US may abandon automatic protections for Nato countries – Trump

Donald Trump

DONALD Trump has said that if he is elected president he may abandon a guarantee of protection to fellow Nato countries.
Speaking to the New York Times, Mr Trump said the United States would only come to the aid of allies if they have “fulfilled their obligations to us”.
Members of Nato have all signed a treaty that says they will come to the aid of any member that is attacked.
Mr Trump will speak on Thursday at the Republican National Convention.
In a preview of what he will tell convention-goers in his speech, he outlined a foreign policy strategy aimed at reducing US expenditure and involvement abroad.
Although the White House has not responded directly to Mr Trump’s comments, spokesman Josh Earnest said on Thursday the US commitment to NATO was “ironclad”.
He said potential enemies should not misjudge Washington’s commitment to defend its NATO allies.
“The president renewed that commitment just two weeks ago today when he travelled to Warsaw, Poland, to attend the NATO summit.”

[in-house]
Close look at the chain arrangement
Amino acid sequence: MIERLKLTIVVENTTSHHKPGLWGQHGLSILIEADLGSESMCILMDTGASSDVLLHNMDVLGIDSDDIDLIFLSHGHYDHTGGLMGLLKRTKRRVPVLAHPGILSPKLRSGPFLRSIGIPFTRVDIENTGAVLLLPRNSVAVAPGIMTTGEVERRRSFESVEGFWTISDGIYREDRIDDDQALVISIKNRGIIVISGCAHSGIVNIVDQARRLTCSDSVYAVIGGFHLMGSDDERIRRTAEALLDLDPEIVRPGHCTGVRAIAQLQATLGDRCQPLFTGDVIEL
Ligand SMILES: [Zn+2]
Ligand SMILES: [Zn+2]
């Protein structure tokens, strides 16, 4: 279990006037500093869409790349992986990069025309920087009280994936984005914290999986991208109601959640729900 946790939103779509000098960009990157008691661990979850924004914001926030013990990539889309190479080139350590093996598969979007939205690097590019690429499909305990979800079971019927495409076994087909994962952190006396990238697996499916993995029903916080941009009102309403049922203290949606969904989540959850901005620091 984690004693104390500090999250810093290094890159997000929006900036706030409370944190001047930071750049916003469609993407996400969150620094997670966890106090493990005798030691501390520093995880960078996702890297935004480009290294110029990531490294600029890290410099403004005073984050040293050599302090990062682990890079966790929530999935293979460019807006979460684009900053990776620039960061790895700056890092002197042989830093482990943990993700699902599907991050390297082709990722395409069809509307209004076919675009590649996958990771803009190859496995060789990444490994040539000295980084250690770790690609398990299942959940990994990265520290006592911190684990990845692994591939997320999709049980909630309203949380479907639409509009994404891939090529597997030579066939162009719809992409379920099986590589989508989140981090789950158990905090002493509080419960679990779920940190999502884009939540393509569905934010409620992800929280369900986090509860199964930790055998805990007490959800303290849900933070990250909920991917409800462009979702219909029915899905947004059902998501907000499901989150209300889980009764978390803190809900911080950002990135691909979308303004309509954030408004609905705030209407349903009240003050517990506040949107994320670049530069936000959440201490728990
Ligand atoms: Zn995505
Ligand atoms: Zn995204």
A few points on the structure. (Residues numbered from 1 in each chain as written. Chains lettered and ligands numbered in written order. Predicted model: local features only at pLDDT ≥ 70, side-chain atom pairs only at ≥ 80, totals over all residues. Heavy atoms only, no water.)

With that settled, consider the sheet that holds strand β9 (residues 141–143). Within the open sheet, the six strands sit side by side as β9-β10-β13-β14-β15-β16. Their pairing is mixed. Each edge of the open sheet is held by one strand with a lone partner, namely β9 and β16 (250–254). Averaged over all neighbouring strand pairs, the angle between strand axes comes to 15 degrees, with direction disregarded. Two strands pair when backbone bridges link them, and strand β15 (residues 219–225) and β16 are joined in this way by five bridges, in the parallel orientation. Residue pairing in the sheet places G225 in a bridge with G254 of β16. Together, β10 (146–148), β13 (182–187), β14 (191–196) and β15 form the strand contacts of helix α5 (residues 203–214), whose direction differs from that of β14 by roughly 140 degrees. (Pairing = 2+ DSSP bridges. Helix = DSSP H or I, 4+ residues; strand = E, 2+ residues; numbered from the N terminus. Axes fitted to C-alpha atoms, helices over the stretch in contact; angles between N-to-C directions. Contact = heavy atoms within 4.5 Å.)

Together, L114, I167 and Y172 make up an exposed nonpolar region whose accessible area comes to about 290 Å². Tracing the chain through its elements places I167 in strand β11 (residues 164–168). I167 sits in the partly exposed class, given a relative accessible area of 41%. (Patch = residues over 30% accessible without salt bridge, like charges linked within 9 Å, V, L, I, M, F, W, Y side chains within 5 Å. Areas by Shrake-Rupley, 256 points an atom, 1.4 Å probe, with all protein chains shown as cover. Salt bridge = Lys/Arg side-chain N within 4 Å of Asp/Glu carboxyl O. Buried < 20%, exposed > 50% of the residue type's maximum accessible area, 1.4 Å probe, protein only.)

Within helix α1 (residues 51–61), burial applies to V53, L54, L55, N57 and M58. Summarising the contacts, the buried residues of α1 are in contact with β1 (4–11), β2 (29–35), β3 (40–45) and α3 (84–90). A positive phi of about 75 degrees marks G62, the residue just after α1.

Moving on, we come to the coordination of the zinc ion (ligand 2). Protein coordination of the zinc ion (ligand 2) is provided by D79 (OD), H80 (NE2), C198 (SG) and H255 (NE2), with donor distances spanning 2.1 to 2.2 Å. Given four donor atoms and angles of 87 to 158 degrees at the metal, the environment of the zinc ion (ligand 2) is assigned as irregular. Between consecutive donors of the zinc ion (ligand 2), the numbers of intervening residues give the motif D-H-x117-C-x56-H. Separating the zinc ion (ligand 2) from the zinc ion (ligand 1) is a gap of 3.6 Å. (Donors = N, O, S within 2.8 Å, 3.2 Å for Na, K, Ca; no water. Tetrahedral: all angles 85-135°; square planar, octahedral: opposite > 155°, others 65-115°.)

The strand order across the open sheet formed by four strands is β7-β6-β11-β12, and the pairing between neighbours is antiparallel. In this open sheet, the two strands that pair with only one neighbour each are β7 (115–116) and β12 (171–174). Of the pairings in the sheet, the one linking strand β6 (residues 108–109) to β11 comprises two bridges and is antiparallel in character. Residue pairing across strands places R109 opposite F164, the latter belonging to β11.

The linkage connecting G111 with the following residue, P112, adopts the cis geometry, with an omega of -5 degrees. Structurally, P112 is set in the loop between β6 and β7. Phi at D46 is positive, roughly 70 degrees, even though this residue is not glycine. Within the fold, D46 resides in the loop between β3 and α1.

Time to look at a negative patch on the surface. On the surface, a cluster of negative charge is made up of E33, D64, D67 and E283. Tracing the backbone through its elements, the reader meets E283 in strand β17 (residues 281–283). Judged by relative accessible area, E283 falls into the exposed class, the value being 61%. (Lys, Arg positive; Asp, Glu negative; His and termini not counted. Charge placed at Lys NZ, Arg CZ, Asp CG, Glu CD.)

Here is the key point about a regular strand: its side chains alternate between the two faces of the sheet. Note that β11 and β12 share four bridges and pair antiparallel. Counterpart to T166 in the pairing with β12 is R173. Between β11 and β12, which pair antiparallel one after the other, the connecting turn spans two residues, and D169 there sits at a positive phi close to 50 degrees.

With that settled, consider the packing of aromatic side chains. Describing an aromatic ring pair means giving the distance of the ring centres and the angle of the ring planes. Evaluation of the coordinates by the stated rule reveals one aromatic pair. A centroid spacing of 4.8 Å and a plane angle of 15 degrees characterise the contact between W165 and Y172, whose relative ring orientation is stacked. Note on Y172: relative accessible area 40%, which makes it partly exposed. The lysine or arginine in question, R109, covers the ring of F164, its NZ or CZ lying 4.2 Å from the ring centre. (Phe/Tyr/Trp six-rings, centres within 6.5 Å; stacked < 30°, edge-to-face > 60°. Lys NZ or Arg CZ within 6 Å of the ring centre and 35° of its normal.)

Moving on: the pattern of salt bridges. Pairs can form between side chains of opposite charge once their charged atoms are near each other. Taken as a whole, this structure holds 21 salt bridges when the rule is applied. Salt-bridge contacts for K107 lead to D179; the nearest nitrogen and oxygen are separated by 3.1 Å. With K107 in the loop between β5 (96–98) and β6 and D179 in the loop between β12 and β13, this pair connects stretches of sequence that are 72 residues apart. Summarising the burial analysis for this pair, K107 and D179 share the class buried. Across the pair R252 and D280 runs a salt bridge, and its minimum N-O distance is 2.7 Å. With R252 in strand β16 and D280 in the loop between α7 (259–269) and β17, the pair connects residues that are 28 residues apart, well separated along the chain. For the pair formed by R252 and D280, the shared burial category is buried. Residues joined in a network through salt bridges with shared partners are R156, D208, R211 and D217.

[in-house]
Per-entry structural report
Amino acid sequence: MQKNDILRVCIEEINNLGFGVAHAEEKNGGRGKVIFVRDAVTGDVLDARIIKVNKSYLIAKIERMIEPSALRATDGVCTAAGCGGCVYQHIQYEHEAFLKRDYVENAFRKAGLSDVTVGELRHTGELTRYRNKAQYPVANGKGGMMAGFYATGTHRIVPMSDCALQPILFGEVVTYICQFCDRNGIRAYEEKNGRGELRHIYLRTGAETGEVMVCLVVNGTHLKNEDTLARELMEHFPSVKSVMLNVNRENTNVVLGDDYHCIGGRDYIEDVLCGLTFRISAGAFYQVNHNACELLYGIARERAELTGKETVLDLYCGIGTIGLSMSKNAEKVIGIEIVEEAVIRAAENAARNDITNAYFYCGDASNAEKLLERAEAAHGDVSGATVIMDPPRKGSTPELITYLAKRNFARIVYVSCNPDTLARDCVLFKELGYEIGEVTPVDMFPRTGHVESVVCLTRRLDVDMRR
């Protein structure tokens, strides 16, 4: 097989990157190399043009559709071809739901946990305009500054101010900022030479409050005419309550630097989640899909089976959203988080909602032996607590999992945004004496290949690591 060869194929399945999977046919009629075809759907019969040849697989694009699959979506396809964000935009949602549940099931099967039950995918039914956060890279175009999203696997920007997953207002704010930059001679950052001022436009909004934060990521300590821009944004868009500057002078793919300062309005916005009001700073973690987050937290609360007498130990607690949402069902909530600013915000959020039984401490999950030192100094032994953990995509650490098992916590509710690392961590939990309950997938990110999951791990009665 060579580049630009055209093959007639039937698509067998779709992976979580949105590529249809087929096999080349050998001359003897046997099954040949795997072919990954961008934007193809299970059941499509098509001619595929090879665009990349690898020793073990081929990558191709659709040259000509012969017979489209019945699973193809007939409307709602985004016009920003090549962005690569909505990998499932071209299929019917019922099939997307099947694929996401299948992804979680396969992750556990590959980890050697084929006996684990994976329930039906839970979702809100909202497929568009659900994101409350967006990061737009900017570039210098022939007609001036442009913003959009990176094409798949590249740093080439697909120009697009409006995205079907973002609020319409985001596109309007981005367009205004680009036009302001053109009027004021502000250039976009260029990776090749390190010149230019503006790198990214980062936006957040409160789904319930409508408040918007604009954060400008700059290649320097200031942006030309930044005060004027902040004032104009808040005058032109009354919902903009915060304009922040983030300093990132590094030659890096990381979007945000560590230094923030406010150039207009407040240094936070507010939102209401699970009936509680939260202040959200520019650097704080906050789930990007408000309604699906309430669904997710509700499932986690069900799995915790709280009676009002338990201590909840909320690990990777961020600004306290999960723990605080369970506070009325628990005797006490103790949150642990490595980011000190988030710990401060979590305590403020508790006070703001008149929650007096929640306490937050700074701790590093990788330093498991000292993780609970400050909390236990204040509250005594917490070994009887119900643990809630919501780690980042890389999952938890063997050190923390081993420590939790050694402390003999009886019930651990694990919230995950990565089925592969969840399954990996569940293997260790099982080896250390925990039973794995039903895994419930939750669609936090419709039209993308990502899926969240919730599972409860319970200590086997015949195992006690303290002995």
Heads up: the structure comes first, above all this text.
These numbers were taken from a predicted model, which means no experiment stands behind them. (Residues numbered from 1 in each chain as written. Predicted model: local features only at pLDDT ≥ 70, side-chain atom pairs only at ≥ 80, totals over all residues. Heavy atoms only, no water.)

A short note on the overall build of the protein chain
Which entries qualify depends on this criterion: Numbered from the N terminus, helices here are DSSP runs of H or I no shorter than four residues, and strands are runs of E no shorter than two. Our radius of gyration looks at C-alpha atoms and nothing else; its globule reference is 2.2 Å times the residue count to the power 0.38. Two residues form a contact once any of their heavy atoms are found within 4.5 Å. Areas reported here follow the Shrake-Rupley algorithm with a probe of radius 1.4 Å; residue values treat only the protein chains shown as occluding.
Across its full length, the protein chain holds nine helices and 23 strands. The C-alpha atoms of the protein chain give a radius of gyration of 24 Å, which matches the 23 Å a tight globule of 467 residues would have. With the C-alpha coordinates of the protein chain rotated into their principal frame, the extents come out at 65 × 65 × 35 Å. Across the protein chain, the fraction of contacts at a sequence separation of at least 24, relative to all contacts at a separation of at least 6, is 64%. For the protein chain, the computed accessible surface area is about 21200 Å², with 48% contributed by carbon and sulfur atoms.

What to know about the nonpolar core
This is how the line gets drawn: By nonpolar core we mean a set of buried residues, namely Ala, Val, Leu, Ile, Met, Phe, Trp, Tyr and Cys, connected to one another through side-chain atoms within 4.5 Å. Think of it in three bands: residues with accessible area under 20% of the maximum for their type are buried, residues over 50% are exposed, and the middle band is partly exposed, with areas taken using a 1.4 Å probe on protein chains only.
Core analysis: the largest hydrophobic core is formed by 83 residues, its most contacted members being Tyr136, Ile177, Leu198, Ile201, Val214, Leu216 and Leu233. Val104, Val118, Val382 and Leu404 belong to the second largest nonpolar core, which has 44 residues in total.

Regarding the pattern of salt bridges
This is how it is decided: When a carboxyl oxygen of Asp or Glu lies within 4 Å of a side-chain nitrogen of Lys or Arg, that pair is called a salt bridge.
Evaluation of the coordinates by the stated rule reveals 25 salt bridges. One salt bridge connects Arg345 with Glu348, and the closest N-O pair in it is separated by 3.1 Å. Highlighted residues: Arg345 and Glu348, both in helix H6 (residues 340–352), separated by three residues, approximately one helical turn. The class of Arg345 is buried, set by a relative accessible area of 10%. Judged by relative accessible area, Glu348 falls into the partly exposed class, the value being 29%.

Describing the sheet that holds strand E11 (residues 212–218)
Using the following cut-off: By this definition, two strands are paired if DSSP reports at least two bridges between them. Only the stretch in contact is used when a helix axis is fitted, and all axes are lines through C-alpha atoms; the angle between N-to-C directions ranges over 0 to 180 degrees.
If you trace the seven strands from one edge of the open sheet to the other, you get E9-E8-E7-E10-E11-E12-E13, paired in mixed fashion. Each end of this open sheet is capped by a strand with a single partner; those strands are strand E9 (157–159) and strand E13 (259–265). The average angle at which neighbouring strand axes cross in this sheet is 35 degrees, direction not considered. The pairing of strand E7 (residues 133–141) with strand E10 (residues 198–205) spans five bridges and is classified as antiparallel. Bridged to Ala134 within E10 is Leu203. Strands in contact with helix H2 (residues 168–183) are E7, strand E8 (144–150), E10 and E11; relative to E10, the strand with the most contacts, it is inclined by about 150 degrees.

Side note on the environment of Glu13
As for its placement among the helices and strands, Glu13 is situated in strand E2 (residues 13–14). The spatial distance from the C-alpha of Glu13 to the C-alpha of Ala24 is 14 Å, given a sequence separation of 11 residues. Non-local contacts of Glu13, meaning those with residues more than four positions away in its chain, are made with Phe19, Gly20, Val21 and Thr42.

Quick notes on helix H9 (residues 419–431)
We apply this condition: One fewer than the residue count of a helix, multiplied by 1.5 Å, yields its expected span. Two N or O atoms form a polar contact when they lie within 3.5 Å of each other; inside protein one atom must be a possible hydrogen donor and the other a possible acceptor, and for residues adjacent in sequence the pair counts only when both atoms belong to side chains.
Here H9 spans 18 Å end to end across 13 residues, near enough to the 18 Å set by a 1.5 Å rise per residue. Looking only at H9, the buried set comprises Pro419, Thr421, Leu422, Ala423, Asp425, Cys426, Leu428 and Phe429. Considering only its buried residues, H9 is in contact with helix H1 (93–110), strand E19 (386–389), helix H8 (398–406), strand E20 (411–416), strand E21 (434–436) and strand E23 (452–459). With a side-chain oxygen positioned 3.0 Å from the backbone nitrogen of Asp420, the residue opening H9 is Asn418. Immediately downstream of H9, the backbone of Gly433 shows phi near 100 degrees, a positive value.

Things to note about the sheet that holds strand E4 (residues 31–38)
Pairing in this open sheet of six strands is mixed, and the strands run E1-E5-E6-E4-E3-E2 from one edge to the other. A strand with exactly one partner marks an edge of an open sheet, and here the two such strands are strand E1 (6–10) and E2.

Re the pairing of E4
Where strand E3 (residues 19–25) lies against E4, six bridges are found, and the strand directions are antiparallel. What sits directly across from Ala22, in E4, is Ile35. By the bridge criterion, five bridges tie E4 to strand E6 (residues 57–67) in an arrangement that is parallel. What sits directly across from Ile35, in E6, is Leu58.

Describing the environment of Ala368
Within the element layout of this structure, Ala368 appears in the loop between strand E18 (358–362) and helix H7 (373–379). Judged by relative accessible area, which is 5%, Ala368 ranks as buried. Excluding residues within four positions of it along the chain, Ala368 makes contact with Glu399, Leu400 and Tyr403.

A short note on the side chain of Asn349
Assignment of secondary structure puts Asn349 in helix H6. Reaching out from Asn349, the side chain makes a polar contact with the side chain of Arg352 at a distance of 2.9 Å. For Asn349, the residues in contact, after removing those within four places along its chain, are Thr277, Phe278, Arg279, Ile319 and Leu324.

Mr Trump’s comments hit at the fundamental basis of the Atlantic alliance; that an attack on one ally is an attack on all.
Under Article 5 of Nato’s founding treaty, allies are bound to come to the aid of a member under attack.
The US has long been pressing its European allies to spend more on defence. That is slowly beginning to have an effect.
But never has there been a suggestion that the US would renege on its responsibilities.
His comments on Turkey suggest that the Republican contender also seems reluctant to insist upon Nato members maintaining strong democratic principles.
Mr Trump’s positions will be seen by Washington’s Nato partners as at best eccentric and at worst alarming.
At a time of growing tensions with Moscow, the idea that the US might become an unreliable ally is a nightmare for Nato’s European members.
Asked about Russian aggression towards Nato countries in the Baltic region, Mr Trump suggested the US might abandon the longstanding protections offered by the US to such nations.
The divisive Republican candidate also said that, if elected, he would not pressure US allies over crackdowns on political opposition and civil liberties, arguing that the US had to “fix our own mess” before “lecturing” other nations.
He said: “Look at what is happening in our country. How are we going to lecture when people are shooting policemen in cold blood?”